Is Paul LePage the most influential politician in Maine?
Nope. Not even close.
LePage may be popular with those chuds who refuse to wear masks, are already declaring they won’t be vaccinated against COVID-19, and always miss a few loops when putting on their belts. In the near future, most of LePage’s base is going to get sick and die from the virus or be embarrassed to death when their pants end up around their ankles.
LePage and his acolytes are taking credit for former state Rep. Dale Crafts’ victory in the Republican primary for the 2nd Congressional District seat. They claim the GOP ex-governor’s endorsement lifted Crafts out of obscurity and propelled him to a solid win over two other candidates.
Crafts didn’t actually get a majority of the ballots cast in the first round, so, by state law, the race had to be decided by ranked-choice voting. But Republicans hate ranked-choice, so they urged the other candidates to concede and endorse Crafts.
Former LePage press secretary Adrienne Bennett, the runner-up, agreed, but ex-state Sen. Eric Brakey, the last-place finisher, said he’d only give his endorsement if Crafts promised to vote to end “unconstitutional wars.” To date, Crafts has ignored that demand. Brakey, who had previously called Crafts and Bennett “corporate socialists,” effectively ended his political career in Maine with those tirades.
Back to ranked-choice.
Many Brakey voters didn’t use it. They only voted for their guy with no second selection. Those loyalists got an unpleasant surprise when the final tally was announced. Their votes didn’t count. In order to produce what appears to be a majority winner, ranked-choice requires any ballot that doesn’t contain a vote for one of the top two finishers – Crafts or Bennett – to be discarded.
Crafts was declared the majority winner of the primary, based not on the total number of votes cast, but on those that remained in play after the Brakey-or-nobody ballots were shipped off to the recycling center.
With LePage’s awesome influence backing him up, Crafts managed to get the nomination thanks to a voting system the GOP thinks is repulsive and keeps trying to repeal. Much more than LePage, ranked-choice made him the pick of this weak litter.
At least recent Florida resident LePage can claim he endorsed the winner in that contest. When it came to legislative races, his record was less impressive.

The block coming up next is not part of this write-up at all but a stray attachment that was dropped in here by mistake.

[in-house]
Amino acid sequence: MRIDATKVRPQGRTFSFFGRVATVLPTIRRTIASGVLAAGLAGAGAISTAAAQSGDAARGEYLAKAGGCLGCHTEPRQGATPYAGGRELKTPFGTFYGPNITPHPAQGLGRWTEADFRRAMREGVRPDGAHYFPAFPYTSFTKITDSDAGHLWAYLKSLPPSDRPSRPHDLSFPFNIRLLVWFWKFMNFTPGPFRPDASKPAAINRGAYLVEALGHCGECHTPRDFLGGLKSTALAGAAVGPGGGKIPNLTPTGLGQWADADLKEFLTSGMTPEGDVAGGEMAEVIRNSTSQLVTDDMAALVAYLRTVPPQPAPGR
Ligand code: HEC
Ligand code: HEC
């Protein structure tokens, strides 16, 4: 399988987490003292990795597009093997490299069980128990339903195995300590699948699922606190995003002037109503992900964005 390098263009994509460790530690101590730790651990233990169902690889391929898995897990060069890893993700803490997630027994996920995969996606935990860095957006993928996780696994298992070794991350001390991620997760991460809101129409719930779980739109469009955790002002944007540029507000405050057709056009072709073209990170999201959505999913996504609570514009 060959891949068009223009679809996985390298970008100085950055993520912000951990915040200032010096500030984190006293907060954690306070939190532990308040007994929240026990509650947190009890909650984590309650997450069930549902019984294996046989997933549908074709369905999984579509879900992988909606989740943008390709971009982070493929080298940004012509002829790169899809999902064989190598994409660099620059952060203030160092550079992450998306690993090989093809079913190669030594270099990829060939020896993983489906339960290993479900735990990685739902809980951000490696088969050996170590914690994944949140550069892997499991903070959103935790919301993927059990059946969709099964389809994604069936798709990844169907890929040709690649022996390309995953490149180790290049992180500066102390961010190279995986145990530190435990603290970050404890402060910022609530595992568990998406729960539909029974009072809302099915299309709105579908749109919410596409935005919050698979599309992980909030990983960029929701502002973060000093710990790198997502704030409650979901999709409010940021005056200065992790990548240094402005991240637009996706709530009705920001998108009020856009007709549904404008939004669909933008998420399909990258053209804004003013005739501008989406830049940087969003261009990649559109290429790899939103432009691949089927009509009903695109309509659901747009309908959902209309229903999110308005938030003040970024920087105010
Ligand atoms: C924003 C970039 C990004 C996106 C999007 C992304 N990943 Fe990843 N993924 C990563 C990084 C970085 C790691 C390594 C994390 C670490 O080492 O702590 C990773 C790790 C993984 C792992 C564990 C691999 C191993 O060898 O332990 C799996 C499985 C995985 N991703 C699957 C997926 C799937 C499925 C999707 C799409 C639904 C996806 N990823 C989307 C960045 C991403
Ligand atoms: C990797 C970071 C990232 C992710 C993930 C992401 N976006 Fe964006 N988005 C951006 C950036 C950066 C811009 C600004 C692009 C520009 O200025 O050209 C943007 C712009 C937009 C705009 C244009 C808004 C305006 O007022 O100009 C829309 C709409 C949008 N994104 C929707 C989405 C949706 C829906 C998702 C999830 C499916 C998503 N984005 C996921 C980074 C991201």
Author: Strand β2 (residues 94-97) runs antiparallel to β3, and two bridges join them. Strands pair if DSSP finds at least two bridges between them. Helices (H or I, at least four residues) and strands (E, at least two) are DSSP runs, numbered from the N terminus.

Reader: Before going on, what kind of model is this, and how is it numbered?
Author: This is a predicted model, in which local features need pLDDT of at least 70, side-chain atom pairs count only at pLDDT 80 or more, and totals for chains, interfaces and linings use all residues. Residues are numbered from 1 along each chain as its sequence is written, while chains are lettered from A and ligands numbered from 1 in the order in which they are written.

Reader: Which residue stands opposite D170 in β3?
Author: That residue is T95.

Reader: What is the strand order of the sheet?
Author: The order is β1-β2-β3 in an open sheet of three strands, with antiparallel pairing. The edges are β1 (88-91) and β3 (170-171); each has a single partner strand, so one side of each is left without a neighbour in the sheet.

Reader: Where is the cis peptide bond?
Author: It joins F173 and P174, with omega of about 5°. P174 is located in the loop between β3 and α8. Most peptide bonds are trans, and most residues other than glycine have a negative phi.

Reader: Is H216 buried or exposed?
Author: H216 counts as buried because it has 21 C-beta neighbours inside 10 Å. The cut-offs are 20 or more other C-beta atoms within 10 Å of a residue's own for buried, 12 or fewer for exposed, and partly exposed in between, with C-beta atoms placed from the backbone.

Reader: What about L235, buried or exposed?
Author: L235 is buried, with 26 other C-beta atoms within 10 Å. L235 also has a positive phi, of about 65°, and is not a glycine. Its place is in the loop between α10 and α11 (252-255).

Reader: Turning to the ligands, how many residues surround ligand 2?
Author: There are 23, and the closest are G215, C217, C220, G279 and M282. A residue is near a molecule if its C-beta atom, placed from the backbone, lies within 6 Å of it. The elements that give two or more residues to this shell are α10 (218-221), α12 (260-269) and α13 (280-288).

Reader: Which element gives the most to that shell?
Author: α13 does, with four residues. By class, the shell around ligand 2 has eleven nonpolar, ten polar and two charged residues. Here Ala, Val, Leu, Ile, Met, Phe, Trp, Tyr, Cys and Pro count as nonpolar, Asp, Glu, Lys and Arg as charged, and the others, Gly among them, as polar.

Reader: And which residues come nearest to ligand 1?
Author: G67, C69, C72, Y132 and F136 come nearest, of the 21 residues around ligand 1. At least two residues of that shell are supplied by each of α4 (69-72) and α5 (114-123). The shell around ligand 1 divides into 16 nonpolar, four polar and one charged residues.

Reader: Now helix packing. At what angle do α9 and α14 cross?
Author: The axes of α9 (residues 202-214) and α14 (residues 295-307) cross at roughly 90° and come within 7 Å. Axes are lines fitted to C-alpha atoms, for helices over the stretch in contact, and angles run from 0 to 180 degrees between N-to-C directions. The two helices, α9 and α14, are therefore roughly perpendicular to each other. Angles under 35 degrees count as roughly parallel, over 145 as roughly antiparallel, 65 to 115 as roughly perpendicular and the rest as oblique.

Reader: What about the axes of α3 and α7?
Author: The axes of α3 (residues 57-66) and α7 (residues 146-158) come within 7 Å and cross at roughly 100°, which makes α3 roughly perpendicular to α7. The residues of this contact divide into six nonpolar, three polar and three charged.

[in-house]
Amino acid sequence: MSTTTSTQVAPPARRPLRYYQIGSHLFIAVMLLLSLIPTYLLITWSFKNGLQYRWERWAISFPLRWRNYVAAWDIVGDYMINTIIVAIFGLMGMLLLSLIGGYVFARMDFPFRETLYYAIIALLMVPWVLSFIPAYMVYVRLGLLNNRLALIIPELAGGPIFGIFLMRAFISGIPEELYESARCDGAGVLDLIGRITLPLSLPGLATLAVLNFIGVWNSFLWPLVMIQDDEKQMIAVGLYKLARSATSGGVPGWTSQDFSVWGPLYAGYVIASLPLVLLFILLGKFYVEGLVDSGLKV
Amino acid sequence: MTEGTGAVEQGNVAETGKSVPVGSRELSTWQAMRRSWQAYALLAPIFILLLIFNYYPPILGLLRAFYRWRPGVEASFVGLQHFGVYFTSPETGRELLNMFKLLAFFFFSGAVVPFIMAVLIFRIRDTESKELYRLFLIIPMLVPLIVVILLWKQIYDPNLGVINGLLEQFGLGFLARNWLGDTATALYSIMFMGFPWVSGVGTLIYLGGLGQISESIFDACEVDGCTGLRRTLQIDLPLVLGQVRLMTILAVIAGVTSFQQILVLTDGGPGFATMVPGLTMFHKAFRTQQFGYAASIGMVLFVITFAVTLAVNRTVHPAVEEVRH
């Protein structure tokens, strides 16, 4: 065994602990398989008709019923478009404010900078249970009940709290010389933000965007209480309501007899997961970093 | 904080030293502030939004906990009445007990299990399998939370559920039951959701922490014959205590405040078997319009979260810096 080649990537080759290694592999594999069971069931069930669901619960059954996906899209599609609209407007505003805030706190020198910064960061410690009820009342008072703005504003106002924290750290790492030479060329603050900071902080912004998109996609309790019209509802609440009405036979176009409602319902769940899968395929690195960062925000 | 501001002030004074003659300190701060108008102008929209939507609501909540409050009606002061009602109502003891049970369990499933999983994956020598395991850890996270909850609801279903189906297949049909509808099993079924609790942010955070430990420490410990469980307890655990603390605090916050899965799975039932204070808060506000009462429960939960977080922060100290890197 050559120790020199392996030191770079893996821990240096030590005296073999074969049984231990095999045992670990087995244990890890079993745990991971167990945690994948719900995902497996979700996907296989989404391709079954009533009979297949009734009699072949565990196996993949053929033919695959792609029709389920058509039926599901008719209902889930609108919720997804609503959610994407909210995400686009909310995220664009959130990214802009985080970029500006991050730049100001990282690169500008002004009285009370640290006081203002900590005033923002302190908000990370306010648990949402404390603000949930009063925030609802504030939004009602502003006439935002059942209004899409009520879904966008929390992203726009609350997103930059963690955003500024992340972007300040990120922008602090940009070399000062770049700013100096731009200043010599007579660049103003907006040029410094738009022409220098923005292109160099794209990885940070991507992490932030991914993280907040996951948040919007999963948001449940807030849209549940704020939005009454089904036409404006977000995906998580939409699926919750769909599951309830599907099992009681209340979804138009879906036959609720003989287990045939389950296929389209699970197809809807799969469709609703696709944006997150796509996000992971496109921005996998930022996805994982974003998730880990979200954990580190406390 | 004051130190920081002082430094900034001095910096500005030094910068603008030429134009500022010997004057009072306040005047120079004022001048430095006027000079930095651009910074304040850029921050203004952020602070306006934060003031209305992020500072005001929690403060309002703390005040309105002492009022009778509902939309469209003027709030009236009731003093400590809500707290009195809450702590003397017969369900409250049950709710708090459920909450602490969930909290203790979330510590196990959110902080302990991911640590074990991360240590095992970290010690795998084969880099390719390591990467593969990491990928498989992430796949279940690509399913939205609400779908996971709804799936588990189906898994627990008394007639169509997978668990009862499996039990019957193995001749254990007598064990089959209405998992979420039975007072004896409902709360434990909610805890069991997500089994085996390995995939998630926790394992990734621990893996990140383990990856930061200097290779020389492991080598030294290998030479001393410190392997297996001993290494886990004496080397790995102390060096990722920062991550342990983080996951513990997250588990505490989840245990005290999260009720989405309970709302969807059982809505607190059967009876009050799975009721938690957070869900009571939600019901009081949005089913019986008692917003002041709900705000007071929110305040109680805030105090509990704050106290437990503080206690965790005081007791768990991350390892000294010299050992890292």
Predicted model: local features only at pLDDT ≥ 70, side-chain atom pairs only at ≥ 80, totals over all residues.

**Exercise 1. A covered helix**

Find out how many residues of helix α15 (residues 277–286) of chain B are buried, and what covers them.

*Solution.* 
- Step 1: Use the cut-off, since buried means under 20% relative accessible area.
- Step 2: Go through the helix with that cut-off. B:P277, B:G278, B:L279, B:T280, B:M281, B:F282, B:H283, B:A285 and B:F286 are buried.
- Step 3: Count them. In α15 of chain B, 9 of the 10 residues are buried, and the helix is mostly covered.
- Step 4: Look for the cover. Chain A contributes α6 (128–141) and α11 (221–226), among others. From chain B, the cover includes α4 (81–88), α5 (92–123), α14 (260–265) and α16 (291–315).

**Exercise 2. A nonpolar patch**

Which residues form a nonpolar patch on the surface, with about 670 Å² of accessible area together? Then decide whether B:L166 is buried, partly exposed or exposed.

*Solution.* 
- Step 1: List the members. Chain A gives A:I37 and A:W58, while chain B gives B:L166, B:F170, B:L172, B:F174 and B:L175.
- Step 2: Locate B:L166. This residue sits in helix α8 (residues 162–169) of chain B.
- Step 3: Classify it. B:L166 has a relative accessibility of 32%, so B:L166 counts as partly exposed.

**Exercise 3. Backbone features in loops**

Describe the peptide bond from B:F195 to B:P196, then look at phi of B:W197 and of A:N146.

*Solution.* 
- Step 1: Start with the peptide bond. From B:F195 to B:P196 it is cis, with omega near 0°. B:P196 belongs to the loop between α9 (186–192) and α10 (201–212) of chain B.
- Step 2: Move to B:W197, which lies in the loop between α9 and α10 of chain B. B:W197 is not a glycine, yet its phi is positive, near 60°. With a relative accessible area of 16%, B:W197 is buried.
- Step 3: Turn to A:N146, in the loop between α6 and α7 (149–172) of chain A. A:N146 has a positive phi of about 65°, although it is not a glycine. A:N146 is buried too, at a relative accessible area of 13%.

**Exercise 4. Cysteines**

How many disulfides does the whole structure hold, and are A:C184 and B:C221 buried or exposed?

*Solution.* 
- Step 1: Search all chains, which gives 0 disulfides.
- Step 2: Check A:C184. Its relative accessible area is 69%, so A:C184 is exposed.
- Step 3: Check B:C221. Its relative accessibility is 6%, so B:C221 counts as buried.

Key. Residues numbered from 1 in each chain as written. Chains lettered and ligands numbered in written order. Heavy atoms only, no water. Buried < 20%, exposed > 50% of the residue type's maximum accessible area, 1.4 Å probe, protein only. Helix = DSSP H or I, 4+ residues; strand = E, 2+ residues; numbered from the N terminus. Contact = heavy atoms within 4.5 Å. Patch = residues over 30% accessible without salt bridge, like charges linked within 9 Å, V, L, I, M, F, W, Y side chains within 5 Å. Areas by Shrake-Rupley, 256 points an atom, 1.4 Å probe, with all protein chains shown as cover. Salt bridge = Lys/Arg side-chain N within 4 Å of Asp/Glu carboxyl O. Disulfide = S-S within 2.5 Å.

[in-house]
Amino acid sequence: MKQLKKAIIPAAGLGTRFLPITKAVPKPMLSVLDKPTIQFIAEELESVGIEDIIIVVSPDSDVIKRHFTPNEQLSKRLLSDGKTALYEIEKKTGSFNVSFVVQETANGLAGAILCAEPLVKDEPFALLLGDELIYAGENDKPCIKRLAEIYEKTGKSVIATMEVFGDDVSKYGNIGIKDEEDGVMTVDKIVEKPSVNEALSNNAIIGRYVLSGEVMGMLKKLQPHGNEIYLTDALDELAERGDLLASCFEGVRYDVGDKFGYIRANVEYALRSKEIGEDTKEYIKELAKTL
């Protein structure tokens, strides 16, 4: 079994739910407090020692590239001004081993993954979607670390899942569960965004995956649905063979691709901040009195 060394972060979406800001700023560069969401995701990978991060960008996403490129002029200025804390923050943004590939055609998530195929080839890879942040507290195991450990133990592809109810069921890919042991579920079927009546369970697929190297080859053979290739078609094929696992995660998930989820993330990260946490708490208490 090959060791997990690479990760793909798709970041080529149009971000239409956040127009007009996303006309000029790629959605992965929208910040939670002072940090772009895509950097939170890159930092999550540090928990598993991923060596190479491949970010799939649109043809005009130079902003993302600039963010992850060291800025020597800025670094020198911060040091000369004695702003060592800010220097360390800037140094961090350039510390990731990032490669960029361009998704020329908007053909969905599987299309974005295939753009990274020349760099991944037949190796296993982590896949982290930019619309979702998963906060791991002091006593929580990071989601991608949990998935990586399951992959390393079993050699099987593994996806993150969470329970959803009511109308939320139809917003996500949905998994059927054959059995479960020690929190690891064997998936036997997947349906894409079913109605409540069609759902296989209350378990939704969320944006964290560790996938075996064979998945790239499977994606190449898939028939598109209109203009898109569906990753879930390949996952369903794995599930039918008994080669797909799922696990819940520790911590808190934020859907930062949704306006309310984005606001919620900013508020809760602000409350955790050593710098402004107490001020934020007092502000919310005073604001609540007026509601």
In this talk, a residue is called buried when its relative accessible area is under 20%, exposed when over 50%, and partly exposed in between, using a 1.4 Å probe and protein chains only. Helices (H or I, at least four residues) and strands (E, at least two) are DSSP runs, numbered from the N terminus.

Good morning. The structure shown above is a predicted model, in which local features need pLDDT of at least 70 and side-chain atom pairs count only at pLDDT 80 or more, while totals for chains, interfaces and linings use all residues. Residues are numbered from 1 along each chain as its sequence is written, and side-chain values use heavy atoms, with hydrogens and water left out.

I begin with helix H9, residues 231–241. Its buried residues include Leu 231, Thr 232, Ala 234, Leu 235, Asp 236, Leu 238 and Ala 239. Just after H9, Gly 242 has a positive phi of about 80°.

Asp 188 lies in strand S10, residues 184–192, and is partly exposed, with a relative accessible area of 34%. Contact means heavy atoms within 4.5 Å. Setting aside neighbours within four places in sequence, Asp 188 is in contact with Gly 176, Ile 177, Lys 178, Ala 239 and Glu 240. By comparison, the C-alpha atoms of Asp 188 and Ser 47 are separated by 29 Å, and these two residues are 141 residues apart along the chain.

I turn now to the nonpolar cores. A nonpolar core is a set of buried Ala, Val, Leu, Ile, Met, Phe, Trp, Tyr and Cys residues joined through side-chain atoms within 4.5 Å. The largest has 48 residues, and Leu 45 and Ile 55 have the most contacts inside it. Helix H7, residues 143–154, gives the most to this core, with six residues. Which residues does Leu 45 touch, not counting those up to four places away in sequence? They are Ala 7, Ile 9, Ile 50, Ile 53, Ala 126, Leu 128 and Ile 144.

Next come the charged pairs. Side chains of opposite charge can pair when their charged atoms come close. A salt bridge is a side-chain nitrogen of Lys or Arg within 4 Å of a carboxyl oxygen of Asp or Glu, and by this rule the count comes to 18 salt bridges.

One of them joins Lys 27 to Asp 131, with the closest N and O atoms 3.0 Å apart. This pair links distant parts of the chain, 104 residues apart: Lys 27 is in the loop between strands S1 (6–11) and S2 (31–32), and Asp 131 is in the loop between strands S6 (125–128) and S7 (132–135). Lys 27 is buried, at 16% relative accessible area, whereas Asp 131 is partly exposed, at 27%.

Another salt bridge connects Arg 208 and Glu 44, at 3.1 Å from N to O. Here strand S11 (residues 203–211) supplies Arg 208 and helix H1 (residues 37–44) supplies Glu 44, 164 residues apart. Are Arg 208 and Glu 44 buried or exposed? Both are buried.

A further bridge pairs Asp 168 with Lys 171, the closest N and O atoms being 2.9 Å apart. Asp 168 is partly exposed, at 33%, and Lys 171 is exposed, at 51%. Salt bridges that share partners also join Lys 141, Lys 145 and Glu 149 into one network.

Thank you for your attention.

LePage supported former state Sen. Doug Thomas of Ripley in the state Senate District 4 race in Piscataquis County. Ripley got trounced by the incumbent, Rep. Paul Davis of Sangerville. LePage’s effect: not detectable by even the most sensitive instruments.
In Senate District 7 in Hancock County, LePage threw his support behind John Linnehan of Ellsworth, whose campaign slogan was “Make America Godly Again.” Former legislator Brian Langley, also of Ellsworth, buried Linnehan by a margin of nearly 3-to-1. LePage’s influence: considerably less than godlike.
Senate District 8 stretches from the Bangor suburbs to the coast. Incumbent Republican Sen. Kim Rosen of Bucksport annoyed LePage while he was still in office, even though she supported his positions more than 90 percent of the time because she occasionally refused to back his more absurd attempts to render state government inoperative. LePage attempted to gain revenge by giving his blessing to state Rep. Larry Lockman of Amherst, best known for his long history of racist, misogynistic, homophobic, and xenophobic comments.
Lockman made it closer than any sensible person would have thought, but couldn’t quite pull it off. How much credit does LePage deserve? No more than could be bundled up in a tattered Confederate flag.
As the ex-governor continues to strut around the state proclaiming his intention of running again in 2022, his showing in the 2020 primary ought to give his fanatical followers pause. Even in conservative parts of Maine, it turned out that being anointed by LePage proved to be a negligible electoral advantage.
His time may have come and gone. At least, we can hope so.
My time for this week has also come and gone, but you can still email me at email@example.com.